Radio 1Xtra airs posthumous track by ‘hero’ who tried to rescue woman

·2-min read
Undated family handout photo of Folajimi Olubunmi-Adewole. (Family handout/PA) (PA Media)
Undated family handout photo of Folajimi Olubunmi-Adewole. (Family handout/PA) (PA Media)

BBC Radio 1Xtra marked the one year anniversary of a man who died after jumping into the River Thames to save a woman by broadcasting his forthcoming posthumous track for the first time.

Folajimi “Jimi” Olubunmi-Adewole, 20, was on his way home from work at a central London restaurant when he and another man, Joaquin Garcia, entered the water at around midnight on April 24 last year.

The Coastguard and the Metropolitan Police Marine Policing Unit rescued the woman and Mr Garcia, but could not locate Olubunmi-Adewole.

Many figures paid tribute to Olubunmi-Adewole following what was described as a “heroic act”, including pop star Dua Lipa, who called for him to receive a posthumous bravery award during her acceptance speech for best album at the 2021 Brit Awards

The single “I Let You Know” from his forthcoming posthumous EP, released under his stage name J Stizz 167 and featuring drill artists Psychs and C4 Muni, received its first broadcast on UK airwaves on Radio 1Xtra’s The 1Xtra Breakfast Show with Nadia Jae on Monday.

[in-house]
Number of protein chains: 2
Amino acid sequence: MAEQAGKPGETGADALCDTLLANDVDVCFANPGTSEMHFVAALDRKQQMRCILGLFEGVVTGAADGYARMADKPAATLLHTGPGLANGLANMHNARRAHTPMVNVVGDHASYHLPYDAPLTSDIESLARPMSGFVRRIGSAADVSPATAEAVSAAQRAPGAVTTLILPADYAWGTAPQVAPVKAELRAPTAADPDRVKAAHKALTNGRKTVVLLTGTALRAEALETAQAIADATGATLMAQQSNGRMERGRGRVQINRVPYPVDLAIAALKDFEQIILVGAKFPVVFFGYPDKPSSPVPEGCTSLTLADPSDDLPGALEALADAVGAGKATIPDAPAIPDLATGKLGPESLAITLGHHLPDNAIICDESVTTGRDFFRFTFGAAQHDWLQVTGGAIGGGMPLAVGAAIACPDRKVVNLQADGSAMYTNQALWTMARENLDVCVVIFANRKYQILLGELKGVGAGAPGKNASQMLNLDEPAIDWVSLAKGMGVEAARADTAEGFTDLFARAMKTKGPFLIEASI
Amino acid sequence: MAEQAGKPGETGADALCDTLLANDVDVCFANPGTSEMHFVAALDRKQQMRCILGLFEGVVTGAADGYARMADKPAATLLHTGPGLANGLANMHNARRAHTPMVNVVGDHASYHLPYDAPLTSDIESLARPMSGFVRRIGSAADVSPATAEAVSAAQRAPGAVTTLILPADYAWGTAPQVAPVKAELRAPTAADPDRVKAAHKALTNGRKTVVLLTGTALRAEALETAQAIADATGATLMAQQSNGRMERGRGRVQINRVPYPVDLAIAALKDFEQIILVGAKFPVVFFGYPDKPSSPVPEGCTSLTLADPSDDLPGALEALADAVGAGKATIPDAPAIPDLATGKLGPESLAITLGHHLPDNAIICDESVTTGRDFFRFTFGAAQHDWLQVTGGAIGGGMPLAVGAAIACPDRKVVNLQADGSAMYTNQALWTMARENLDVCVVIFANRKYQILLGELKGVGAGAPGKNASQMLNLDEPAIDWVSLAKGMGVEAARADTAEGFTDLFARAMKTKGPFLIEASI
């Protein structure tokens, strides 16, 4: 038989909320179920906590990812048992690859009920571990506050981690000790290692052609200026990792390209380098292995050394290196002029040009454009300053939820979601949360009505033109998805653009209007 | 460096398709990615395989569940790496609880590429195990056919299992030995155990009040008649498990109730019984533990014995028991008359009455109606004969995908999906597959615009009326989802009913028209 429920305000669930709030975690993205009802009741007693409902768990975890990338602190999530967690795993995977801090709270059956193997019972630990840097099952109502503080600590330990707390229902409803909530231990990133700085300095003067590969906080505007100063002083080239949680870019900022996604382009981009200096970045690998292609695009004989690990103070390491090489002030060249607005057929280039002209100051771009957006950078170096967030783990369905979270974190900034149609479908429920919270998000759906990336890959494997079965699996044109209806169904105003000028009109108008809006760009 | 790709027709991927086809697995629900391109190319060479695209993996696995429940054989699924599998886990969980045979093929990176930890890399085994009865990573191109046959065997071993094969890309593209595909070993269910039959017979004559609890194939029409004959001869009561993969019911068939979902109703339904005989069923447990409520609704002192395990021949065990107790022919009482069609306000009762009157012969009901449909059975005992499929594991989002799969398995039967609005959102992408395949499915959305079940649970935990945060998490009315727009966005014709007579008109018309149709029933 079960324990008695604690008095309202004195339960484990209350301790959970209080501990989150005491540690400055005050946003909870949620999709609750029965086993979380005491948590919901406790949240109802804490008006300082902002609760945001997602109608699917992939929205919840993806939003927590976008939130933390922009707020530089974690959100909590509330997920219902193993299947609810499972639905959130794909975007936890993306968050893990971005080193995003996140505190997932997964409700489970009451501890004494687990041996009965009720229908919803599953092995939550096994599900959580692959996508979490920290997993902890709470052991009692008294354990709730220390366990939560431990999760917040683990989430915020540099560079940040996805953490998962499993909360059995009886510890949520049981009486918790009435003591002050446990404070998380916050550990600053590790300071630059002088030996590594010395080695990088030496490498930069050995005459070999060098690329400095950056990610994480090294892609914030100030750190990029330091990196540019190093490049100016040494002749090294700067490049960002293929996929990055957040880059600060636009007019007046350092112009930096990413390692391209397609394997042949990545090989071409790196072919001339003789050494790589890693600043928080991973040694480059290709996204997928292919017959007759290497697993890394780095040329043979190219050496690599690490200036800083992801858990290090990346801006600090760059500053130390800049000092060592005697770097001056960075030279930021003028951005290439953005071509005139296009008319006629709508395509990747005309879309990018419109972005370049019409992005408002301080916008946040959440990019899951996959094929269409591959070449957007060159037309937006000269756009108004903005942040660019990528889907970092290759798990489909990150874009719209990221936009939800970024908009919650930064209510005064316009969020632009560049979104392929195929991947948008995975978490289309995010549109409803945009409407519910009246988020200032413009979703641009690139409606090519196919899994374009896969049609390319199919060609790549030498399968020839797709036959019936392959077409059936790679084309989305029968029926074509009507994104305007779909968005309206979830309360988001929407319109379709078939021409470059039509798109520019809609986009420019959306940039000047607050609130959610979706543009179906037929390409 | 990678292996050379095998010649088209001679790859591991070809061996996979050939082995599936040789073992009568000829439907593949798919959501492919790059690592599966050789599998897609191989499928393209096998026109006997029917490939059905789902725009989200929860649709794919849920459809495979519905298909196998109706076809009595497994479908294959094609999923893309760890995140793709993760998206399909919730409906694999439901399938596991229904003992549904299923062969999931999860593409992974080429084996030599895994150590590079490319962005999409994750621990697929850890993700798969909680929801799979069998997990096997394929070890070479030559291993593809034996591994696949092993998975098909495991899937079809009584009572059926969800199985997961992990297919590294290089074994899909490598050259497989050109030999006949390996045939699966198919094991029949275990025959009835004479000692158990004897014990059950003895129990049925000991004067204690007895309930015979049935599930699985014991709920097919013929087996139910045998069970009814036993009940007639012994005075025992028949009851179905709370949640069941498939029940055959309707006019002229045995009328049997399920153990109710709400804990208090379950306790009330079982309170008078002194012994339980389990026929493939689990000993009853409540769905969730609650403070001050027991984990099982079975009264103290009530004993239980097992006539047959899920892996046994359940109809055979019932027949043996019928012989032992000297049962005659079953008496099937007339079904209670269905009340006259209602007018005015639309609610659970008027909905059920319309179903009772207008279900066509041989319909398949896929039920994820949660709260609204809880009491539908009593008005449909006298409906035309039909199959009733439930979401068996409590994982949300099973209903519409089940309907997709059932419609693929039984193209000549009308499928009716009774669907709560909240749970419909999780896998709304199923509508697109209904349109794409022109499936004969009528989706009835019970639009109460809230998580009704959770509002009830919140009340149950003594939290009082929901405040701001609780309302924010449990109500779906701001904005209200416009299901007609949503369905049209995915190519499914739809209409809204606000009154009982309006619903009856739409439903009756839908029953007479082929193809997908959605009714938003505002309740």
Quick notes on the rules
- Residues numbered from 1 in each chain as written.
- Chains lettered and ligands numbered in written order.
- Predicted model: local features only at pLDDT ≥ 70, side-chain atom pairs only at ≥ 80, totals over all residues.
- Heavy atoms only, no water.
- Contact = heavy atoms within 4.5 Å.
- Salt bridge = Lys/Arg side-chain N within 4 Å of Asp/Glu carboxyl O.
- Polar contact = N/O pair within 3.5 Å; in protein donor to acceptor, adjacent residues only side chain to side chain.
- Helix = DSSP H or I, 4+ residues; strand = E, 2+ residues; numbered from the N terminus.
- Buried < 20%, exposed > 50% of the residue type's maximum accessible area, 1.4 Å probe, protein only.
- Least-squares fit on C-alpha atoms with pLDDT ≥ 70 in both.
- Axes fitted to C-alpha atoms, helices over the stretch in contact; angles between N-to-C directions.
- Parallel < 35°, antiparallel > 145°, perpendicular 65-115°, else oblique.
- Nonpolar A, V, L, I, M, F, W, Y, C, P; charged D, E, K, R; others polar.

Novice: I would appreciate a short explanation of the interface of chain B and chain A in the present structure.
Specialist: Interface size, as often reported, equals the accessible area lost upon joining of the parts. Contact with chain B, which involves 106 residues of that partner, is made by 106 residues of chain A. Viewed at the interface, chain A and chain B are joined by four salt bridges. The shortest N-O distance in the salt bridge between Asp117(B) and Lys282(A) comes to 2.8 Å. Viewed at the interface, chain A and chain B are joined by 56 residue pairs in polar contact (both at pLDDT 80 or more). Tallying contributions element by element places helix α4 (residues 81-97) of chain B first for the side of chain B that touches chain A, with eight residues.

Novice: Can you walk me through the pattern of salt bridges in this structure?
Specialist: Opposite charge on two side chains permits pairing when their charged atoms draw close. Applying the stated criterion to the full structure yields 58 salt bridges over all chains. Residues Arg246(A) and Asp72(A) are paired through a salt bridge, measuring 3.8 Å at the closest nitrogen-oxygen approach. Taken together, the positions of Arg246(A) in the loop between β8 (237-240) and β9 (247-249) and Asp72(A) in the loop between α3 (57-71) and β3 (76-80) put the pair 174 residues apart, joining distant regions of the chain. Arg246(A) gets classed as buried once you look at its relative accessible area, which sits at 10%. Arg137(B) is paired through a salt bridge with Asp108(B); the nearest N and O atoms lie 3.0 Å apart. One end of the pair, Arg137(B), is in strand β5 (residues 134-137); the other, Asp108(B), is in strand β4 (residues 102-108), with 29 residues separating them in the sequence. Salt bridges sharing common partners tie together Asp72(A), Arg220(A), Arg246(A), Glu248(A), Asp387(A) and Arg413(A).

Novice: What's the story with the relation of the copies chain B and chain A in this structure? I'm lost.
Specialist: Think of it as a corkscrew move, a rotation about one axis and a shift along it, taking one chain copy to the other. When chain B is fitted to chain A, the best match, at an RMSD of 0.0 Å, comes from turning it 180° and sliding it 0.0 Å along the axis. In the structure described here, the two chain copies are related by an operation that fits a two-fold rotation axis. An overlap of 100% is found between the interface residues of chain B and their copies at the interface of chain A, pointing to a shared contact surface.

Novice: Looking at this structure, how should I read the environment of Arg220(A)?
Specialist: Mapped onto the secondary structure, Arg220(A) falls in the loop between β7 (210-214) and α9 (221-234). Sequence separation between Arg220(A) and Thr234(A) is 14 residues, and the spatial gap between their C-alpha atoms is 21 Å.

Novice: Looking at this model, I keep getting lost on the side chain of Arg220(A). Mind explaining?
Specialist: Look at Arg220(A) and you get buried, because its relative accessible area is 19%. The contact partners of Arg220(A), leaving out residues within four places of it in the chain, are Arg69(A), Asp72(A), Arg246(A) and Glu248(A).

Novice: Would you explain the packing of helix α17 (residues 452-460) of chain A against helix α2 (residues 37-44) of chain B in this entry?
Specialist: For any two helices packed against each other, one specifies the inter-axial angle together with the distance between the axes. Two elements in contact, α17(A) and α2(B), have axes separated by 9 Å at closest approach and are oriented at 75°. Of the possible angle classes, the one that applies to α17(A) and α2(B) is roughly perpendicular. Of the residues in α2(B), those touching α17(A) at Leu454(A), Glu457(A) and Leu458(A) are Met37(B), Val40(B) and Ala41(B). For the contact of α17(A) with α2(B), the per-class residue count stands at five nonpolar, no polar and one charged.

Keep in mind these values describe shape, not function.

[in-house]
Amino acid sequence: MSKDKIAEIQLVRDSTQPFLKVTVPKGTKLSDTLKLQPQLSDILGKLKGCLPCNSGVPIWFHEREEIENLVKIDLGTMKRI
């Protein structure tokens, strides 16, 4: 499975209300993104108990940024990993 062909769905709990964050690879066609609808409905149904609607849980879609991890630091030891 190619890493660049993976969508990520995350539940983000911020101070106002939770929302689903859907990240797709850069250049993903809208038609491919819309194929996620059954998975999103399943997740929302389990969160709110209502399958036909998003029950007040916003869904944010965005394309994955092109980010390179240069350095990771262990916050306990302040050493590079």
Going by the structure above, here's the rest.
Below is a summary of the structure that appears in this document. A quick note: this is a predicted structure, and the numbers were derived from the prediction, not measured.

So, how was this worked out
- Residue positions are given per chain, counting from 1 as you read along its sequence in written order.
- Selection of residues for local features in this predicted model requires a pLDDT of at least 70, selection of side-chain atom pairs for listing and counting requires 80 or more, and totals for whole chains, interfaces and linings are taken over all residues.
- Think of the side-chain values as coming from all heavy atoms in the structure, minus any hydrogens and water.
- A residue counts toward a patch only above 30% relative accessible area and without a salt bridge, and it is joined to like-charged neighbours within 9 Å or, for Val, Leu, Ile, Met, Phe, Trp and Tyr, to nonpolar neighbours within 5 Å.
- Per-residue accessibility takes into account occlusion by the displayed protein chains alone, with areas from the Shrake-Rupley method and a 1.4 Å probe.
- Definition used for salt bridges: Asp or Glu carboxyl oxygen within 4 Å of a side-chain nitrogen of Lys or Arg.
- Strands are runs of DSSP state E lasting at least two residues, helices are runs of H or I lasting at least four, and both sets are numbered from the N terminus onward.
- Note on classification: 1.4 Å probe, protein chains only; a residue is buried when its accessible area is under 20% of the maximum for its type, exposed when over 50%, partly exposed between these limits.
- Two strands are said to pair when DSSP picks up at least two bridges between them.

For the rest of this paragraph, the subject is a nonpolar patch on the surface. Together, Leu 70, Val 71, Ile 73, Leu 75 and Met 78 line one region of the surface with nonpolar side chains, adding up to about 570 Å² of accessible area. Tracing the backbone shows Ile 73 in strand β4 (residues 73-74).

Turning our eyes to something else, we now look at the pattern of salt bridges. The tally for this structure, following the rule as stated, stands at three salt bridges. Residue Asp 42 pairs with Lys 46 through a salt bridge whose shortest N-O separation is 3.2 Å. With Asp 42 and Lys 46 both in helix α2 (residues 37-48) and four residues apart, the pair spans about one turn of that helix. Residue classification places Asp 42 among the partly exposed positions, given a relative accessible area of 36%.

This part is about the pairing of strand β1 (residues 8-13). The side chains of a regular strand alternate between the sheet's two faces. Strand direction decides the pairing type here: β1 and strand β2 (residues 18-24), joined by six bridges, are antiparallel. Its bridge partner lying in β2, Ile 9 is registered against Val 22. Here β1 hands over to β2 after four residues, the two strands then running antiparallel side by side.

BBC Newsbeat also interviewed Olubunmi-Adewole’s best friend Bernard Kosia and close friend and music producer Qudus Olatoye, also known as 4ORTY, who have spent the last year editing their late friend’s music to create the EP.

Speaking to Radio 1Xtra, 4ORTY recalled their early sessions working on music together.

He said that Olubunmi-Adewole “was actually starting to develop as an artist” before the tragic incident.

Kosia, who was with him on the tragic night last year, described him at the time as a “hero” for what he did.

 (PA Archive)
(PA Archive)

He added during the interview that his friend’s music was now “an access point to be close to him” and the project was “a foundation for Jimi and something that will live beyond us.”

BBC Newsbeat journalist Charlotte Simpson said: “Jimi’s friends have dedicated themselves to making sure his legacy lives on for years to come, and have used his music as a way to process the tragedy.

“To channel their energy into something so positive is so heart-warming and makes for a beautiful tribute one year on from his death.”